As far back as 1998, there were frightening incidents of “serial murders" of women in Accra: "In late 1998, a series of "mysterious" murders of women began to occur in the Mataheko area of Accra. Three of the 20 murders reportedly involved husbands' suspicion of their wives' infidelity. The men subsequently were arrested, but they were not convicted. There were more than 30 murders between 1993 and 2000, which were referred to as "serial murders." Police instituted evening roadblocks throughout Accra in an attempt to catch the murderers" (http://www-rohan.sdsu.edu/faculty/rwinslow/africa/ghana.html).

Between 1998 and 2011 there were seismic increases in all levels of crime. Quoting statistics from the Ghana Police (1997) United for Justice-Ghana, UfJ-GH (a Facebook-based anti sexual violence pressure group) and Integrated Regional Information Networks (IRIN), stated that more than a thousand incidents were recorded as "mob justice" (attack and murder of alleged criminals). A massive 66.7% of the suspected thieves in mob attacks were not the real thieves! (Reported Samven’s research, 2009).

In, ‘Trends in Crime’, Rohan.SDSU provides dated statistics on Ghana crime (1996-2000): Between 1996 and 2000 according to INTERPOL data, the rate of murder increased from 2.23 to 2.48, an increase of 11.2%. The rate for rape increased from 4.04 to 6.85, an increase of 69.6%. The rate of robbery increased from 1.12 to 2.15, an increase of 92%. The rate for aggravated assault increased from 404.51 to 448.42 per 100,000, an increase of 10.9%. The rate for burglary decreased from 4.42 to 1.3, a decrease of 70.6%. The rate of larceny increased was not reported in 1996, and the rate of motor vehicle theft was not reported in either 1996 or 2000. The rate of total index offences increased from 416.32 to 461.28, an increase of 10.8%. (http://www-rohan.sdsu.edu/faculty/rwinslow/africa/ghana.html ).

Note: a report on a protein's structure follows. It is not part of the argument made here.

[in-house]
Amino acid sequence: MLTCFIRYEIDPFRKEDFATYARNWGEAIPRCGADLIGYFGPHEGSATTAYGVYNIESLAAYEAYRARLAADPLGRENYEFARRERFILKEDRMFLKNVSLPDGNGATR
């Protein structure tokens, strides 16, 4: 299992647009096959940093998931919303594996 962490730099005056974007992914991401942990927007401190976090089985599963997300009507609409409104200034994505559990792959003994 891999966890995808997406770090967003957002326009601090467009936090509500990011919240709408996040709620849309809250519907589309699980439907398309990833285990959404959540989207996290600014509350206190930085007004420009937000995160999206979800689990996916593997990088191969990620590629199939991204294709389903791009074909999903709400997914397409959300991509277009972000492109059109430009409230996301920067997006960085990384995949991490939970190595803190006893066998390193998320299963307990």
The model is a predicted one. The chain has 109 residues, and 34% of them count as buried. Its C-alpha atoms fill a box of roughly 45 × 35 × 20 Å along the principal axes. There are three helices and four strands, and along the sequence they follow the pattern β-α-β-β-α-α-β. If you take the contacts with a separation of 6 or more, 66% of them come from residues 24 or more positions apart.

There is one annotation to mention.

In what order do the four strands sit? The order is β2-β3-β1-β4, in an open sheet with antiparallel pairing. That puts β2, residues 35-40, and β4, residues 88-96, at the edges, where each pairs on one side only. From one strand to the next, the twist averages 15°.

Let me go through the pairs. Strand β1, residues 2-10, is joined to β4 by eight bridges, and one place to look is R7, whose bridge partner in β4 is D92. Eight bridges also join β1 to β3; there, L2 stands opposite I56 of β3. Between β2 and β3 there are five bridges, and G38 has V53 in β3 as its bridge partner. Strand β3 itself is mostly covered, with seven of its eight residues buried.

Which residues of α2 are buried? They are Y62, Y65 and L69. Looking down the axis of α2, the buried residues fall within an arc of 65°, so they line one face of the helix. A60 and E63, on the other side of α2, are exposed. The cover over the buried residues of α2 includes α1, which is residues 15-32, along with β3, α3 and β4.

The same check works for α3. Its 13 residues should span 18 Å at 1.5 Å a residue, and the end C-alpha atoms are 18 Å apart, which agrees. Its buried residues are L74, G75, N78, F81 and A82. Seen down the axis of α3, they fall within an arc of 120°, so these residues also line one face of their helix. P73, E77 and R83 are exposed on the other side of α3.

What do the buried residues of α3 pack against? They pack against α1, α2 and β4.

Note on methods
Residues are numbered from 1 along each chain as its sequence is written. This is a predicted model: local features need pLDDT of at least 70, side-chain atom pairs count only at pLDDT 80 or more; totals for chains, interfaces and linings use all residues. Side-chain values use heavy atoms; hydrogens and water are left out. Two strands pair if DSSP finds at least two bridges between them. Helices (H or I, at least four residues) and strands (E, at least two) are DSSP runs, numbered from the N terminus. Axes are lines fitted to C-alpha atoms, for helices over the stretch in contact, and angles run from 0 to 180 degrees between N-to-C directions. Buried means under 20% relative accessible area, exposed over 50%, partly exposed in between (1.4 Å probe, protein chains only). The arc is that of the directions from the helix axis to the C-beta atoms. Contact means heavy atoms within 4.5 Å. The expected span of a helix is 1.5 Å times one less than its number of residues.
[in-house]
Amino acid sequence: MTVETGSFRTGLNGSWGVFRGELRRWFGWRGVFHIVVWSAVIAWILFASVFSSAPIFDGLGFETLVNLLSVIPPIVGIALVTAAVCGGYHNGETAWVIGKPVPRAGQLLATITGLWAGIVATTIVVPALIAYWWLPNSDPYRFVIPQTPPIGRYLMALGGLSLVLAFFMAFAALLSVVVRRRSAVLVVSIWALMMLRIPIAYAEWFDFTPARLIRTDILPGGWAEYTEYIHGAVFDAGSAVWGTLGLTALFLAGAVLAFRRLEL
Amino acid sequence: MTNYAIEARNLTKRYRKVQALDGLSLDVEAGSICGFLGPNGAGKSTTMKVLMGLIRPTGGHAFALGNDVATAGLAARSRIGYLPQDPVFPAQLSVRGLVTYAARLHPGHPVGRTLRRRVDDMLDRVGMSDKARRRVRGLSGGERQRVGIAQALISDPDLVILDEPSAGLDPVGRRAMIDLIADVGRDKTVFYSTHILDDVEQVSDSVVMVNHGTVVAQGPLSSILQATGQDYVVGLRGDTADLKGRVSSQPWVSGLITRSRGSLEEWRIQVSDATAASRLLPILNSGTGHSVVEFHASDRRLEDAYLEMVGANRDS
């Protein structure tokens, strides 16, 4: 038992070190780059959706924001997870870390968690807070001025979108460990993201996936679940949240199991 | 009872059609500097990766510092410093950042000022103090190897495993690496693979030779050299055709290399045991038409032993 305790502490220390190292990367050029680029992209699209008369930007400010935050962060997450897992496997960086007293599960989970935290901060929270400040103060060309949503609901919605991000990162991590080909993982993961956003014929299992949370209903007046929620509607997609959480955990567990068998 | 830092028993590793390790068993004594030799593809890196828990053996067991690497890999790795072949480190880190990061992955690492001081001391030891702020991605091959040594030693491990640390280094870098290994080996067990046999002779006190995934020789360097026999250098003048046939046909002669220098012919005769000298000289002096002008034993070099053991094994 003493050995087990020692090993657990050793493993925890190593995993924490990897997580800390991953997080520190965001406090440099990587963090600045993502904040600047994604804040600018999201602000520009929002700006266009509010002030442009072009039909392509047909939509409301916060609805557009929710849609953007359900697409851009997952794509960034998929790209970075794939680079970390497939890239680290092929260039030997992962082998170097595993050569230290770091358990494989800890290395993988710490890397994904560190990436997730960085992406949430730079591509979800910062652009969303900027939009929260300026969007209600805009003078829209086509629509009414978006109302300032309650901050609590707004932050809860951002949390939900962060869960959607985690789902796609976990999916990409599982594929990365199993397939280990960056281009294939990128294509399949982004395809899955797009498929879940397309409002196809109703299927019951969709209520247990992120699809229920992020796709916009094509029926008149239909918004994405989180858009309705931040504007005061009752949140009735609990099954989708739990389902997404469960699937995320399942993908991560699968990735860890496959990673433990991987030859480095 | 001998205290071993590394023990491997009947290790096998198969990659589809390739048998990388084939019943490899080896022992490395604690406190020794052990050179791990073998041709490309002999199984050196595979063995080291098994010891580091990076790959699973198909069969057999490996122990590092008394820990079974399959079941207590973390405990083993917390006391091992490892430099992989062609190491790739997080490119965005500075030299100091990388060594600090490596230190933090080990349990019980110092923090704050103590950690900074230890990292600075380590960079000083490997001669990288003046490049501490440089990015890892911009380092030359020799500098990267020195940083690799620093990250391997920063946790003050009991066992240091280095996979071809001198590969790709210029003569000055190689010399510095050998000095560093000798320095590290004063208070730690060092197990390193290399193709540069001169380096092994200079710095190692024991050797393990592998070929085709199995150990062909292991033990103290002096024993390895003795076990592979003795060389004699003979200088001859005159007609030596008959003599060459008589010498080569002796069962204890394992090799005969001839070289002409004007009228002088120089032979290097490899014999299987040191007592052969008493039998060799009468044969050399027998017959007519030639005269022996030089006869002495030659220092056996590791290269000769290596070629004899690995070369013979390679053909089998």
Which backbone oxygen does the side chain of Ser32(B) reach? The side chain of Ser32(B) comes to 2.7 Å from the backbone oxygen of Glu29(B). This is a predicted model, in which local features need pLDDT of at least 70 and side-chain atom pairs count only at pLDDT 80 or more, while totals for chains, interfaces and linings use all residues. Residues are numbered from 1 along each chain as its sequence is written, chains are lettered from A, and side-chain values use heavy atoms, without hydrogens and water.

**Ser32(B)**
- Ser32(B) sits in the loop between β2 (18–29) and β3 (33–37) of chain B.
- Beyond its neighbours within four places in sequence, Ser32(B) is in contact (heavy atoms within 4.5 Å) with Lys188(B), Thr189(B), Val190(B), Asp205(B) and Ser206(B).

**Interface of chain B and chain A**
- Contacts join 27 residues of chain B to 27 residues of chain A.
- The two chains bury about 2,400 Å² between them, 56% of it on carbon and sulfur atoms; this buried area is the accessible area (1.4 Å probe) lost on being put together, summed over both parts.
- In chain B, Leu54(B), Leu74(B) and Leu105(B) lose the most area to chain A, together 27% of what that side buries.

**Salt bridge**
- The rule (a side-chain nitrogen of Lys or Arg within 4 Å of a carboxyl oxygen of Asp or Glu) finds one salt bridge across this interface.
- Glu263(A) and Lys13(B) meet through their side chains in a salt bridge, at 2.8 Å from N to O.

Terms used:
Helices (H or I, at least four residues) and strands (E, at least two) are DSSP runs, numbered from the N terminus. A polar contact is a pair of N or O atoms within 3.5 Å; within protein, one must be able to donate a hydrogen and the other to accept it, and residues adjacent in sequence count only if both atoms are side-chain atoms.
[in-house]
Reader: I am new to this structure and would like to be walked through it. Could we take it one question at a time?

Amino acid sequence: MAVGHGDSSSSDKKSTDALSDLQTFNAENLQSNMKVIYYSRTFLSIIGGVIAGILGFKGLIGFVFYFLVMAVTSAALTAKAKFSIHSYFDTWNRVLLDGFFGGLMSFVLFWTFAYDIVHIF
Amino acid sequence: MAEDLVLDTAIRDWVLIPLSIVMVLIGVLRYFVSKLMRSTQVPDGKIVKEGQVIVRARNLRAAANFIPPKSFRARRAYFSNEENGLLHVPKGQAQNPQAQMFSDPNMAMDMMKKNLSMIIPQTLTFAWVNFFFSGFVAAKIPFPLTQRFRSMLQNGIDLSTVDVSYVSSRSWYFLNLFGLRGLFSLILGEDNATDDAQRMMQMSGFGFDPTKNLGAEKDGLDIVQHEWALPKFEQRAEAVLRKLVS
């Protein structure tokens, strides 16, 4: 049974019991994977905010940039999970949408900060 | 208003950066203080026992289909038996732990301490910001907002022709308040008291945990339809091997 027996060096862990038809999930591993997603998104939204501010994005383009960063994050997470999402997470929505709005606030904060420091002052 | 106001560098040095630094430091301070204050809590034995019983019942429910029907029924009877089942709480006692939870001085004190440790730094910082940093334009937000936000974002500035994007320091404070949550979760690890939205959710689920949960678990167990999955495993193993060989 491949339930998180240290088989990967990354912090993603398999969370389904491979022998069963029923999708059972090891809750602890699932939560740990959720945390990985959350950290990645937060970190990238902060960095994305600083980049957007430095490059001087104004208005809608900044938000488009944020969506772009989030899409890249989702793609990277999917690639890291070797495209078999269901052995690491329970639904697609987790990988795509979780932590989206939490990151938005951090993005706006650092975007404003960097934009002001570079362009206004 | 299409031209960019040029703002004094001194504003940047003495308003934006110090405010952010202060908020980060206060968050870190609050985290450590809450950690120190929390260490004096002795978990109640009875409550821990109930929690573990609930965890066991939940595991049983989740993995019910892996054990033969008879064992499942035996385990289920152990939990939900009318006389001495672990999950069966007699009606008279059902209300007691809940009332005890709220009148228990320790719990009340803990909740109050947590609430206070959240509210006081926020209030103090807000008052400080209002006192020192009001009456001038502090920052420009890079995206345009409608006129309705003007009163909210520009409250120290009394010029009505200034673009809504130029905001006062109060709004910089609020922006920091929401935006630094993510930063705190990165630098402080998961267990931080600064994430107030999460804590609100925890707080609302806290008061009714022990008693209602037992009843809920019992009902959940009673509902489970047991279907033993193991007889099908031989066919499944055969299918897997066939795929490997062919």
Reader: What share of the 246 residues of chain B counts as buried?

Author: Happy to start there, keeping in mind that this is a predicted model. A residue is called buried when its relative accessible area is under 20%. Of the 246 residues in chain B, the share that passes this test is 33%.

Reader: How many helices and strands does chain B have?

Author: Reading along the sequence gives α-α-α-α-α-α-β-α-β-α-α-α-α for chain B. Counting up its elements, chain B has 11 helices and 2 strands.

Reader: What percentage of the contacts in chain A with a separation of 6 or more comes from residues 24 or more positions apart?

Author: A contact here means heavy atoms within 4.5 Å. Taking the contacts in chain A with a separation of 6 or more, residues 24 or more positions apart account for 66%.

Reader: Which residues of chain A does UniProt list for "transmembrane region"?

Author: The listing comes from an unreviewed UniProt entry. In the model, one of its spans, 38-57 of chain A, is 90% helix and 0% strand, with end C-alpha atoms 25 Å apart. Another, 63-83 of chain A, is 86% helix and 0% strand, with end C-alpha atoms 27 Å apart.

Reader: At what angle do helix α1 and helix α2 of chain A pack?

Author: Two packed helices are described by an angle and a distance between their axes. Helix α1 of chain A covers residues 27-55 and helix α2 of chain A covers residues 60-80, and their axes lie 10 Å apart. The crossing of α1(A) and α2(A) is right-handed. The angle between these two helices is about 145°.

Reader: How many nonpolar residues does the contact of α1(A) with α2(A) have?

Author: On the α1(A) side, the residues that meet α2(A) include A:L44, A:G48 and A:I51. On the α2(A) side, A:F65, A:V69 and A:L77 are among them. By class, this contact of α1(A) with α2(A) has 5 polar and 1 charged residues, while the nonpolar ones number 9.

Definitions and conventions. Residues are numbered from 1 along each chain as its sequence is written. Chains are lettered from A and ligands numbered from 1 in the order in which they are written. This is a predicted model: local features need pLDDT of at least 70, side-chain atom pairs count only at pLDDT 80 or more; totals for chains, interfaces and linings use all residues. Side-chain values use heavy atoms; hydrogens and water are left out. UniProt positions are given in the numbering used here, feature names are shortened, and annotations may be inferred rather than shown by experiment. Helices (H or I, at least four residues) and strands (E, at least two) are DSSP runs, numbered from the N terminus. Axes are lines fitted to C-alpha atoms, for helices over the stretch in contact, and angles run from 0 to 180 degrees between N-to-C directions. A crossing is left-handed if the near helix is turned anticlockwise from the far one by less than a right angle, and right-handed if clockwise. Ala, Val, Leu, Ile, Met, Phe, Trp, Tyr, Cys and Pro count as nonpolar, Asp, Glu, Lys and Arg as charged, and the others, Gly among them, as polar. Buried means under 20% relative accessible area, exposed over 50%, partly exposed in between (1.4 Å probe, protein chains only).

Nation Master informs us Ghana placed 66th out of 159 nations in the world in crime data. It had 10,992 prisoners. Of course, the US led the table with 2,019,234 prisoners (disproportionately criminalised young African males). South Africa topped Africa (8th) with 181,944 prisoners; followed by Rwanda (11) with 112,000 prisoners; Egypt (21) 61,845 prisoners; Nigeria (36) 40,447 prisoners; Kenya (40) 35,278 prisoners; Algeria (41) 34,243 prisoners; Tunisia (45) 23,165 prisoners; Madagascar (47) 20,109 prisoners; Cameroon (48) 20,000 prisoners; Zambia (61) 13,173 prisoners; Ghana (66) 10,992 prisoners.(http://www.nationmaster.com/red/pie/cri_pri-crime-prisoners).

The statistics for ‘Prisoners Per Capita’ shows Ghana had 52 per 100,000 people in jail (130th of 164) in the world. Ghanaian women were 2% represented in jail per 100,000 of population (110th of 134) in the world. Ghana has more prisoners than: Panama, Bulgaria, Greece, Belgium, Bolivia, Guatemala, Austria, Slovakia, Lebanon, Sweden and even feared Jamaica (100) 4,744 prisoners! (http://www.nationmaster.com/country/lg-latvia/cri-crime As prisoner numbers accurately correspond levels of crimes, judging by the comments of both Kenneth Kuranchie and Steven Atubiga after their recent release from jail (July 2013), Ghanaian prisons are at bursting levels (Editor-in-Chief of the Daily Searchlight Newspaper, Ken Kuranchie and a member of the NDC communication Team, Steven Atubiga were jailed by the Supreme Court for contempt of the Ghana Supreme Court over the slow-paced Election Petition deliberations).